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  1. #1
    Fantastic Member Vampire Savior's Avatar
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    Default Your thoughts on Mort Weisinger

    Post your opinions on the most legendary editor to work on Supie, from his creative decisions to him as a person. Jim Shooter (and plenty of other people) has gone on numerous times about how mean the dude was, but admitted that he ultimately liked Weisinger. Weisinger saw potential in Shooter to become a good editor, and is the one who trained Shooter for the job. I'm sure he must have been difficult to work for, but hearing about some of the stories in retrospect, he sounds kind of hilarious.

    His contribution to Superman can't be understated. Though I still wonder about the wisdom of adding a Super dog, and the Super horse was absolutely ridiculous.

  2. #2

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    Totally agreed that his contributions to Superman can't be understated. However, I think the guy, from all reports, was a truly awful human being with some pretty serious issues.

  3. #3
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    It's a toss-up for me if the did more good than harm to the character. For all that was added to the mythos during his tenure, he also presided over the longest period of going in circles. He assumed all readers were part of a cycle that turned over ever few years and had no qualms about retelling the same story multiple times with the serial numbers filed off. He fought to keep Superman out of the developing DC Universe that had Flash, GL, Hawkman, etc creating cross \-continuity amongst themselves. IIRC he opposed Superman being in the JLA and management had to remind him that he didn't own the character, they did.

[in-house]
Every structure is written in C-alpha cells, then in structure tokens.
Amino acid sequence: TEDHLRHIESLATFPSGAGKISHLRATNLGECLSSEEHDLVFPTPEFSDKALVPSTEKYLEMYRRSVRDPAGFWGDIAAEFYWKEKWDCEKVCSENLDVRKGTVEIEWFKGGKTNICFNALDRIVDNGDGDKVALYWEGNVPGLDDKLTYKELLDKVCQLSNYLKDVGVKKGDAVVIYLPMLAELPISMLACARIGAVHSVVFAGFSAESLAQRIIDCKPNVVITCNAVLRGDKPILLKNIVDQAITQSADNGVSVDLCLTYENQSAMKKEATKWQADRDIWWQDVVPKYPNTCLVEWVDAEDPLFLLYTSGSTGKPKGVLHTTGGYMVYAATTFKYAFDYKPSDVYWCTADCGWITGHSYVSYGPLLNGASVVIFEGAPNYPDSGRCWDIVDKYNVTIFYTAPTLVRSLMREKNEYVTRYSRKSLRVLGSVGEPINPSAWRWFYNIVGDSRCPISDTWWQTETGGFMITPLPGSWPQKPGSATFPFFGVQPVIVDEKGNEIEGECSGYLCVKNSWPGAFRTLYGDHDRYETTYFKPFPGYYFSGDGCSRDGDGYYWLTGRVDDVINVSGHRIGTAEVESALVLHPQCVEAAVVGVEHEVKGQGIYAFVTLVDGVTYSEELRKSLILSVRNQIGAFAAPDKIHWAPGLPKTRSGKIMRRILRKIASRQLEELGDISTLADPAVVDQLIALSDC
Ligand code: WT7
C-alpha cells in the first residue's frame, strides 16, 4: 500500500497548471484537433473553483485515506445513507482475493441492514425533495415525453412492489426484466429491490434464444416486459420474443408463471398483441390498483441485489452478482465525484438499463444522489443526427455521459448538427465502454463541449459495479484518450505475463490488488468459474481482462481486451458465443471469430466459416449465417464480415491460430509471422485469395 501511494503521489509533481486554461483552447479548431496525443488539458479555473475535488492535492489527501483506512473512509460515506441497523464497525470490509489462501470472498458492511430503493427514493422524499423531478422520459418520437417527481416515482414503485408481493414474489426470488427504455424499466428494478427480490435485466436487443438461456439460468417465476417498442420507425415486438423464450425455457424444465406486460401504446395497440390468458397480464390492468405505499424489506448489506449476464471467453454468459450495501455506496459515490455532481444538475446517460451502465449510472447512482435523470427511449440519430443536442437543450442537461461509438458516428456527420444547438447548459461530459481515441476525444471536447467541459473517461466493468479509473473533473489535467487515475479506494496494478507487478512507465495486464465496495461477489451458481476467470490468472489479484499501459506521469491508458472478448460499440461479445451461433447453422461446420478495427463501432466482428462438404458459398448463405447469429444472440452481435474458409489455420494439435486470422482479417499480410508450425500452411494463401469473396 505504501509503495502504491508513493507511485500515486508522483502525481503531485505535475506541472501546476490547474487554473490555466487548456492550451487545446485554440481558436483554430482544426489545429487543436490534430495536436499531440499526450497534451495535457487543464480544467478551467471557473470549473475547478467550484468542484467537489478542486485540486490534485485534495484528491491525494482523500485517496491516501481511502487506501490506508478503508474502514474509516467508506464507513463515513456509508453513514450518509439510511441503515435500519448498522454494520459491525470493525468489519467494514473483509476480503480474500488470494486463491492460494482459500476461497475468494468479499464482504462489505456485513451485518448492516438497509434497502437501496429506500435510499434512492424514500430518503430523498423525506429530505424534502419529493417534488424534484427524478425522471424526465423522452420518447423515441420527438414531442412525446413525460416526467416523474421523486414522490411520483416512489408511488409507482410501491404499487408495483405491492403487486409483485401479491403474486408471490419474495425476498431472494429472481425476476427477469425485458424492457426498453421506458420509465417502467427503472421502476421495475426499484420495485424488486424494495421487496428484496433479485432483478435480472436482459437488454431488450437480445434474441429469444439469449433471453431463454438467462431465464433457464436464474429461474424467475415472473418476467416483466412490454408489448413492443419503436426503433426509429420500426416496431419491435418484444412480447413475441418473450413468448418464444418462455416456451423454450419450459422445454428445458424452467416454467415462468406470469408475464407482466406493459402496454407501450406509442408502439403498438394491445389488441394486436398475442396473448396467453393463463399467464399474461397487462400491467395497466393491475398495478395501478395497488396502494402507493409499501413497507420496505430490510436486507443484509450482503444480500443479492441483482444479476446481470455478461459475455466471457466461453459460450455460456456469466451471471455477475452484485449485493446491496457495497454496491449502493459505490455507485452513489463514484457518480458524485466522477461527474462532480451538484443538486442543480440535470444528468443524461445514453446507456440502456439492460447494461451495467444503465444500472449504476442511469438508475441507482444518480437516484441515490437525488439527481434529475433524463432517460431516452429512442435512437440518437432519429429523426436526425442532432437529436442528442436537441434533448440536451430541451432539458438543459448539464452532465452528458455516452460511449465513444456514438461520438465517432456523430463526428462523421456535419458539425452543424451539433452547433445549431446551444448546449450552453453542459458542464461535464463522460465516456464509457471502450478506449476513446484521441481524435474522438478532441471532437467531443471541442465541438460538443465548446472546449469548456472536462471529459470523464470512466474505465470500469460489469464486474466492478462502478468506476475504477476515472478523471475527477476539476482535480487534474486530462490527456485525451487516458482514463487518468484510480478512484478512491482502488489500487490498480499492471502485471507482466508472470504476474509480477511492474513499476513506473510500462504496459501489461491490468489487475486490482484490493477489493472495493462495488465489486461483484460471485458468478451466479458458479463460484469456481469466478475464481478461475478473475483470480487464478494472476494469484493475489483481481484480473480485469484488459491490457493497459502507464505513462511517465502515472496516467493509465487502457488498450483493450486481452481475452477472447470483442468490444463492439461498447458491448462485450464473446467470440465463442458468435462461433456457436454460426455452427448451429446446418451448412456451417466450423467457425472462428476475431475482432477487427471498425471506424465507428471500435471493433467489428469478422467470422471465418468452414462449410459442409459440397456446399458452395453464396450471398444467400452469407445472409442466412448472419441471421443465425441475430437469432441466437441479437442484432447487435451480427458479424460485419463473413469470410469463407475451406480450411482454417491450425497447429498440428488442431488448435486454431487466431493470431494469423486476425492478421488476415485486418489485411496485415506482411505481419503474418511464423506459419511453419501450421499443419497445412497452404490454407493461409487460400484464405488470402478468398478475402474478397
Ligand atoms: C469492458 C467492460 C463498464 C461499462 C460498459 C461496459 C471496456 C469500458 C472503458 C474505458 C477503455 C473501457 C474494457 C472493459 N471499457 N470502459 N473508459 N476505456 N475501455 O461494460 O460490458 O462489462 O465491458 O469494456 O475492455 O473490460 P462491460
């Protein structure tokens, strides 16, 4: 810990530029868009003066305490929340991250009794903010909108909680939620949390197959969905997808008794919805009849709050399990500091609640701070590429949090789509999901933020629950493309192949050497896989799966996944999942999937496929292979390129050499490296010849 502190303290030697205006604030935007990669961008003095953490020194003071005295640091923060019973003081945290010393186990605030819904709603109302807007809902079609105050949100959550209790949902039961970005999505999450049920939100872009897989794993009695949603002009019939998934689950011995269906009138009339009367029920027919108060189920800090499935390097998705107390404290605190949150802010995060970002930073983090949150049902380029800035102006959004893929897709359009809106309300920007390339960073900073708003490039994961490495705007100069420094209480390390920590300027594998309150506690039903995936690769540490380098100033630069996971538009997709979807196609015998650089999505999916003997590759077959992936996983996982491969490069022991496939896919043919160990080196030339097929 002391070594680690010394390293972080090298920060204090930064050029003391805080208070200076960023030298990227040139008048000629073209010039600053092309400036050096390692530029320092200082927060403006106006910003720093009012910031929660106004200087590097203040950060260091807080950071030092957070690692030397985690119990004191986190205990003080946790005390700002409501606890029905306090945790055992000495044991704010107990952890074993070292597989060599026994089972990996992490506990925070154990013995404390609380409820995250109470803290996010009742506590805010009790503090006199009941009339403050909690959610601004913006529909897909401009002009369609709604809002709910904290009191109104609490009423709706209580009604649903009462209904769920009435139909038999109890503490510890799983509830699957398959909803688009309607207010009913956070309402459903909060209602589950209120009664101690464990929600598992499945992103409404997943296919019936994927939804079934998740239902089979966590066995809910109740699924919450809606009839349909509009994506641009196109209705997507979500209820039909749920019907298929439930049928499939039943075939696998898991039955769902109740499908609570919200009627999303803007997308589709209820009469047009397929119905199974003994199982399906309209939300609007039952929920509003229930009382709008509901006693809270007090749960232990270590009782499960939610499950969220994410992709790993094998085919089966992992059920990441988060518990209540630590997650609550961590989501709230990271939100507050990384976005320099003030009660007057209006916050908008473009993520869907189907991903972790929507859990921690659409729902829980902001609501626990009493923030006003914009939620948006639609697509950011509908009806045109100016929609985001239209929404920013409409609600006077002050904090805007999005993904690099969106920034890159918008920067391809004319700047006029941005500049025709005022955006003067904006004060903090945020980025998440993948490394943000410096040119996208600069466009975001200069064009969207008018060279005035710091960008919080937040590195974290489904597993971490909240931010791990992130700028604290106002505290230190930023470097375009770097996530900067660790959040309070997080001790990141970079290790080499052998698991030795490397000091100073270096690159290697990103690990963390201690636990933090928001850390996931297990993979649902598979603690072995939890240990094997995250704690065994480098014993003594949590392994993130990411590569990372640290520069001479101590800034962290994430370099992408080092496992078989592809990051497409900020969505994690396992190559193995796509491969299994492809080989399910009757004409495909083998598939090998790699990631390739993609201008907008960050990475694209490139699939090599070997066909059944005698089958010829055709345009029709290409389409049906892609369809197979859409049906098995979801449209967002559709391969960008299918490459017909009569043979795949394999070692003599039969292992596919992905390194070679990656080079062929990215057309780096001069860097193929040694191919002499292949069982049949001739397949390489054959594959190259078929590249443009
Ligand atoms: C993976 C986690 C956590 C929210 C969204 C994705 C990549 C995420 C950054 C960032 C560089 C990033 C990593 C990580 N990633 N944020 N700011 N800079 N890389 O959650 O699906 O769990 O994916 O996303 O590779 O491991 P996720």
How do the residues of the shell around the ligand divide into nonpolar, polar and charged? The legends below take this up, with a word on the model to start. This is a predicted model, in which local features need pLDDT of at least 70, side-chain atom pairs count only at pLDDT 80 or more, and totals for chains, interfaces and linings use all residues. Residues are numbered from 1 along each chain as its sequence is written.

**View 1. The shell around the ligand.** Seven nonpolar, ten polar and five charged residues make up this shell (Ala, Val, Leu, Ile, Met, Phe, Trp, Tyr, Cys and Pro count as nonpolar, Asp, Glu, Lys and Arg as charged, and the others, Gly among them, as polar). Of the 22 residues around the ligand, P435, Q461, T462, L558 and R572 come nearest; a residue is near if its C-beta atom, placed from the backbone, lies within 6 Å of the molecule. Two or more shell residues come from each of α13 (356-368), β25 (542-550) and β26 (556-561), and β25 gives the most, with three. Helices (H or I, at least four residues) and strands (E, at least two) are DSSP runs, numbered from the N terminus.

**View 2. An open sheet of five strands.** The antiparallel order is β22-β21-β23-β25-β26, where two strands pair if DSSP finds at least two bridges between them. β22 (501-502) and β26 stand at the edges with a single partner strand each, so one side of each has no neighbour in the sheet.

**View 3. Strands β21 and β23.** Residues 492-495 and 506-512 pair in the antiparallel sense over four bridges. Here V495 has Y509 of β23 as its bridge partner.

A Superman without his presence might have vanished with the others heroes in the 1950's or it may have become a larger tentpole of the greater DCU during the Silver Age.

  4. #4

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    It would have been very interesting to see what would have happened if Julie Shwartz had taken over as Superman editor in 1960 instead of 1970 after Marvel had already become the dominant force in comics. I'm sure Stan Lee, Kirby, & Ditko would have still cleaned up, but it would have been a closer competition than we ended up getting.

  5. #5
    Astonishing Member superduperman's Avatar
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    I think his legacy is a mixed bag. He certainly treated Jerry Seigel poorly. His ideas saved Superman during a time when comics were in decline by going out and actually asking kids what they wanted to see in the comics. By the same token, it was many of those same ideas that made the reboot in 1986 necessary. By all indications, he was a deeply troubled man with a lot of insecurities. And it's not surprising that he taught Shooter everything he knew about being an editor given how much Shooter was hated during his tenure at Marvel. Supposedly John Byrne threw a party at his house to celebrate when Shooter was fired. Where a bunch of copies of New Universe comics were burned in effigy. That's doesn't speak well for ones legacy. I think at one point Weisenger once said that his favorite Superman stories were ones where he lost his powers. And this is the guy who was put in charge of Superman! I agree he probably should have been taken off the character sooner than he was. He certainly didn't seem to like Superman very much.